Like many things in life, more is not always more. A great view of how even innovation must be mastered for business value was presented by Teradata CTO Stephen Brobst at the Teradata NorthEast User Group meeting this week.
The basic idea is that too much innovation is fun to work on, but scattered and of limited value to the business. On the other hand, too much governance on innovation and testing will result in severely limited results, demotivated teams and ceding market share to competitors.
Consider Stephen’s simple chart below, which he adapted from “The Digital Advantage,” a CapGemini/MIT Sloan study of what fast-moving digital innovation has meant for large, traditional companies. That 2012 report found that firms which position themselves to capture the business benefits of digital innovation have a real market advantage. “Get this balance of innovation and governance right and you will see a 4%-6% lift in profitability,” Stephen promised.
On the scale of innovation to governance, there are those with too much governance and no innovation – the cash cows (blue quadrant in this chart). This is like the landline phone to AT&T: Customers who have them pay the bills without protest, but the market will not grow.
On the other hand, too much innovation in the Fashionista quadrant (orange quadrant) is also not good for business. Stephen likens it to how eight-year old kids play soccer – where every kid just races after the ball in a huddled game of chase on the field; utilizing little teamwork and scoring few goals.. “It’s fun – we chase big data, we chase Cloud, we chase Hadoop, we chase natural learning; we chase whatever new thing that comes along,” he said. “However, we don’t achieve much and we don’t align to strategic business goals.” While you might hit some great new innovations in this quadrant, you are not likely to know why or be able to plan for that success.
No surprise that the real prize is up in the #TopRight corner, where the Digerati live (green quadrant). These are the innovations that have the proper amount of business oversight so that they stay focused on real business drivers and strategic business value. “You’ve got to have a business person at the table and helping to shape the project in order to keep innovation on track,” Stephen said.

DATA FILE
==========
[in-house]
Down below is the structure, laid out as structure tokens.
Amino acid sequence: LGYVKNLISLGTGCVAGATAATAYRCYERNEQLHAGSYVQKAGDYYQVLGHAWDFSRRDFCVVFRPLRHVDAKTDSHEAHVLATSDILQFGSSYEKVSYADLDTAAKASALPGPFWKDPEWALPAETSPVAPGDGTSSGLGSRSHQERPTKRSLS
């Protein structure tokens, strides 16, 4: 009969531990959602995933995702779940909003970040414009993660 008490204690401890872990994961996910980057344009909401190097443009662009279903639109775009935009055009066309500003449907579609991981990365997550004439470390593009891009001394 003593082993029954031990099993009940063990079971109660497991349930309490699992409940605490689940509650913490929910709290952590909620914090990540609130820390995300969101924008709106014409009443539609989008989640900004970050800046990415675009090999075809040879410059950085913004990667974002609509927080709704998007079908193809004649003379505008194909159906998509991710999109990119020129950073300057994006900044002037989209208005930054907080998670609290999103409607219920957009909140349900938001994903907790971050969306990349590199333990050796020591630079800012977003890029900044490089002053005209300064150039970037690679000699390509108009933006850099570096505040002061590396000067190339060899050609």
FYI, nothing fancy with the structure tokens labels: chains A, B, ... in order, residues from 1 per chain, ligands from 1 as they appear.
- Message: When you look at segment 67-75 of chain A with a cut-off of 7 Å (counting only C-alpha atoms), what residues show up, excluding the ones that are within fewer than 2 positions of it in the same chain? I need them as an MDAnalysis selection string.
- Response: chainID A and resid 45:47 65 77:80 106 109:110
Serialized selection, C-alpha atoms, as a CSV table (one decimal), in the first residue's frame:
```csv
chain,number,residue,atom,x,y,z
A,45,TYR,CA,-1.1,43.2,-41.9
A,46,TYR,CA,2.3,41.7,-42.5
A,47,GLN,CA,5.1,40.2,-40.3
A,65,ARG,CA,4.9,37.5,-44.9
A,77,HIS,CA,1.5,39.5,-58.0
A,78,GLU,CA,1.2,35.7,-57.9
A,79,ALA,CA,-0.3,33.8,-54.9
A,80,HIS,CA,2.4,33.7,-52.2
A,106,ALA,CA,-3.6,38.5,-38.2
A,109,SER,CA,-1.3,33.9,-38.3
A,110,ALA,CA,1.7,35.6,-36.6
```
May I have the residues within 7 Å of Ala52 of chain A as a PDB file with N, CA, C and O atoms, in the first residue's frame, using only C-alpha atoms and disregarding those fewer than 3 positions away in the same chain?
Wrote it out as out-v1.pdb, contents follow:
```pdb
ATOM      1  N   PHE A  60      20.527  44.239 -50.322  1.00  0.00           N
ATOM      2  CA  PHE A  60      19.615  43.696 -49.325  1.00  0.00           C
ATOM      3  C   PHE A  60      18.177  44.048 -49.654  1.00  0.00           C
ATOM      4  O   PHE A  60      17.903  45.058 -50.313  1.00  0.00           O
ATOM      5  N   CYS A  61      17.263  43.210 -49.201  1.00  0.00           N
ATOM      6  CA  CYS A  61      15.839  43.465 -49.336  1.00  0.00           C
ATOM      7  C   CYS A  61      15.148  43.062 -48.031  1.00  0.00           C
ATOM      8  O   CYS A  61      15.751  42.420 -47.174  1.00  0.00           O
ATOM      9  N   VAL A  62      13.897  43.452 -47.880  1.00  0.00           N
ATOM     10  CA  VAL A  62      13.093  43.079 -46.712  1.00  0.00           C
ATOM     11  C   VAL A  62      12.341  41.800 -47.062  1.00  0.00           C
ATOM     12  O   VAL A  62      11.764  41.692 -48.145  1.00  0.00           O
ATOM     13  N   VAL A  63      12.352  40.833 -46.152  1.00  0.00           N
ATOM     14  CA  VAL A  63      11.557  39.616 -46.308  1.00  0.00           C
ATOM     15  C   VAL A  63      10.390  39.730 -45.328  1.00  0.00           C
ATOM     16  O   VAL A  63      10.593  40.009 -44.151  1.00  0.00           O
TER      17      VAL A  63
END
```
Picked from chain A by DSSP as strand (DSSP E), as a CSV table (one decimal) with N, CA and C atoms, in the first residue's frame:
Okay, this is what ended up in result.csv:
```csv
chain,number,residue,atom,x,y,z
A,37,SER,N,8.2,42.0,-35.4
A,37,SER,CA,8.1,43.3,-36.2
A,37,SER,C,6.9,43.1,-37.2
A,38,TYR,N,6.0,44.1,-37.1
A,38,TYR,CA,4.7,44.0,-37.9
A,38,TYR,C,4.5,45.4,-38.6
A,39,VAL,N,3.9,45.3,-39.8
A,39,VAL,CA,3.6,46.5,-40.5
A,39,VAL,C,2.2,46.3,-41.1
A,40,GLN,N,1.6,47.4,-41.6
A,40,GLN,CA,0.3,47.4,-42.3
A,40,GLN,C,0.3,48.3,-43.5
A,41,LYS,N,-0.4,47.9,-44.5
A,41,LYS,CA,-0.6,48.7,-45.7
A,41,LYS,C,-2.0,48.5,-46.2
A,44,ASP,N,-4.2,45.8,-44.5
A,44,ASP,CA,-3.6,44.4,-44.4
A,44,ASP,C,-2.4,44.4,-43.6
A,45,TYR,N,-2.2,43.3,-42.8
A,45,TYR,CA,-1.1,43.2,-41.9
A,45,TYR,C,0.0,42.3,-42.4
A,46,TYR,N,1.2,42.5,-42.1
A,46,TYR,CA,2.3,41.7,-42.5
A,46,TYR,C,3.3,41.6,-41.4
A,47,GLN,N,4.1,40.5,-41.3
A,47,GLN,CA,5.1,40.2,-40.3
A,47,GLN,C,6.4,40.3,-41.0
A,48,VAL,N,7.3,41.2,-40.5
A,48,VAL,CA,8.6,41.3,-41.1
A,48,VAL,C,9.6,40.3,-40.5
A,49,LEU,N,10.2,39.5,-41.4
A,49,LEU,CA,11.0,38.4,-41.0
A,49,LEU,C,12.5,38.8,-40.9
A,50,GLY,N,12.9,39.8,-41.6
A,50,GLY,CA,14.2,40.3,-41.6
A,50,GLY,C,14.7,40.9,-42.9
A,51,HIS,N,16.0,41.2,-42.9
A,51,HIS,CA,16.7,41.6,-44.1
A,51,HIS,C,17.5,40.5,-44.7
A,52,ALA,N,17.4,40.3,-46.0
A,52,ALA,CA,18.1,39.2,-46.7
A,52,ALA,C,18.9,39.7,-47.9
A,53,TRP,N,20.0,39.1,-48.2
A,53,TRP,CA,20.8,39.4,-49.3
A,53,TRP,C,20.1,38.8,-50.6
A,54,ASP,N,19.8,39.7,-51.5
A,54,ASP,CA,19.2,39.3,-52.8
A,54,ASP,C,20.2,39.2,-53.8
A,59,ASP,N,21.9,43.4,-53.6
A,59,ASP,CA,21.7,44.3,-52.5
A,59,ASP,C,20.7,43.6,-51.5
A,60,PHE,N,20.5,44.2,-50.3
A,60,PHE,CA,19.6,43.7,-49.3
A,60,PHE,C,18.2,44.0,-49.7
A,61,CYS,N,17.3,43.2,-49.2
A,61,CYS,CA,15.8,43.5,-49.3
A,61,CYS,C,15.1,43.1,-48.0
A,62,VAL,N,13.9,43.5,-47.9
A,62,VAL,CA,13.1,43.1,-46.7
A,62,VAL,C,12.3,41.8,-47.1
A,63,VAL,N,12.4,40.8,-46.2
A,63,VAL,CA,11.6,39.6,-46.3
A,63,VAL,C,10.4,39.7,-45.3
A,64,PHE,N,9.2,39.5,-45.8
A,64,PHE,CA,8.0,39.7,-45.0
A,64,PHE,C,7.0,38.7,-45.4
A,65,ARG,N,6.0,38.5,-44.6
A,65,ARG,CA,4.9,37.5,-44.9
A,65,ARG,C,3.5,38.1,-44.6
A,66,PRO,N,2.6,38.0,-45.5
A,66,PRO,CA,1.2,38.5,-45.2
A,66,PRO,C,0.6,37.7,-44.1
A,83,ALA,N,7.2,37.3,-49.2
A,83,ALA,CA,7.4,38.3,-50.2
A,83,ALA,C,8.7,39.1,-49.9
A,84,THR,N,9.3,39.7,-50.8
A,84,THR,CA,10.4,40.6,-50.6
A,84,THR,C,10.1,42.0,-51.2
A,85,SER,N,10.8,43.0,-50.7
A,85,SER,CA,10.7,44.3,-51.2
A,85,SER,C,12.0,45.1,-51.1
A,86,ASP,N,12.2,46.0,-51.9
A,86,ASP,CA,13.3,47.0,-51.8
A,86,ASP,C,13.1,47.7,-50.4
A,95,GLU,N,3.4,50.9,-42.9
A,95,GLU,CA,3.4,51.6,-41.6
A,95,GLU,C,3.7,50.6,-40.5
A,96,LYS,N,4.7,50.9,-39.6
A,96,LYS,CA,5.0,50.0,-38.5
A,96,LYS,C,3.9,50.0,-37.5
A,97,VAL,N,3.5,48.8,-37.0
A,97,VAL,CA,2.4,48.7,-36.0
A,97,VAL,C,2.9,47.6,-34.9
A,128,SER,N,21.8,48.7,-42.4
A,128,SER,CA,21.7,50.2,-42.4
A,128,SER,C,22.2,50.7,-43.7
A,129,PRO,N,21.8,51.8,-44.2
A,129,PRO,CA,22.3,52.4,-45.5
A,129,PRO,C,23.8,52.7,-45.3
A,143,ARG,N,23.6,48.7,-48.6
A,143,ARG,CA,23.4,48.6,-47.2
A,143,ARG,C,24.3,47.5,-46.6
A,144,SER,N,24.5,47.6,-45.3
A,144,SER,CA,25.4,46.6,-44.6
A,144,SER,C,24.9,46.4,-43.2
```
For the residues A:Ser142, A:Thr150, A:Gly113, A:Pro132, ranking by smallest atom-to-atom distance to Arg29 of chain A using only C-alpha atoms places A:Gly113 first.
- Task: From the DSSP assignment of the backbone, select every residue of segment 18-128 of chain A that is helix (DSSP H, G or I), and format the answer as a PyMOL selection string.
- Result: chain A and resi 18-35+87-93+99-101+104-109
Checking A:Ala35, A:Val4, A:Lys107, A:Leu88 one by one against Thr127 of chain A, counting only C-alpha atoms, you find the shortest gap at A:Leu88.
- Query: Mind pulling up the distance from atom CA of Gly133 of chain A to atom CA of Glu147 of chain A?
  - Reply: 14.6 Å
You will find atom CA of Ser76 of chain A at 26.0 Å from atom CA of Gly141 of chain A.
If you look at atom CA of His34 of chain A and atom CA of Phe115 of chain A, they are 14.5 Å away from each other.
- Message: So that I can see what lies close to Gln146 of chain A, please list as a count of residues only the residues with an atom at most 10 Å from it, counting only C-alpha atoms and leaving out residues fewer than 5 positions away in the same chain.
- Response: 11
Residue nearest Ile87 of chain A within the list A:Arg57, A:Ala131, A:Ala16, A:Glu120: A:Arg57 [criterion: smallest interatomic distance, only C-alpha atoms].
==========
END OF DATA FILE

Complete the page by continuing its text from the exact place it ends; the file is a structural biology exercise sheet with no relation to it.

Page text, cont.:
It’s always great to hear IT people say that it’s important for marketing and IT to collaborate – especially as marketing departments invest so much today in technology and data management. There are many gaps and misunderstandings between business and IT, which makes everyone’s jobs harder. While too much security can be a bad thing, even if the intent is good; too much governance is not a good thing either. “Data can’t be owned by everyone,” was a common mantra at the event this week.
We know at TopRight that in nearly every client situation, we find the need for an improved understanding of roles, process and governance. Marketers collaborate not just with IT colleagues, but with those in sales, service, legal, privacy.. and even with customers themselves. Similarly, there are many projects proposed that will utilize new data types, but those must be linked to a current objective, in order to add business value. For example, many companies can capture and analyze service comments on Twitter, but without linking those comments to actual customers, the analysis is not actionable. In some cases, that effort might be better spent in analyzing call center data.
In our digital age, with socially connected consumers, we all have a new call to innovate with purpose. It’s the responsible way to move the business forward and to the #TopRight, and it’s also the only way to keep up with customers’ digital exploration of our brands.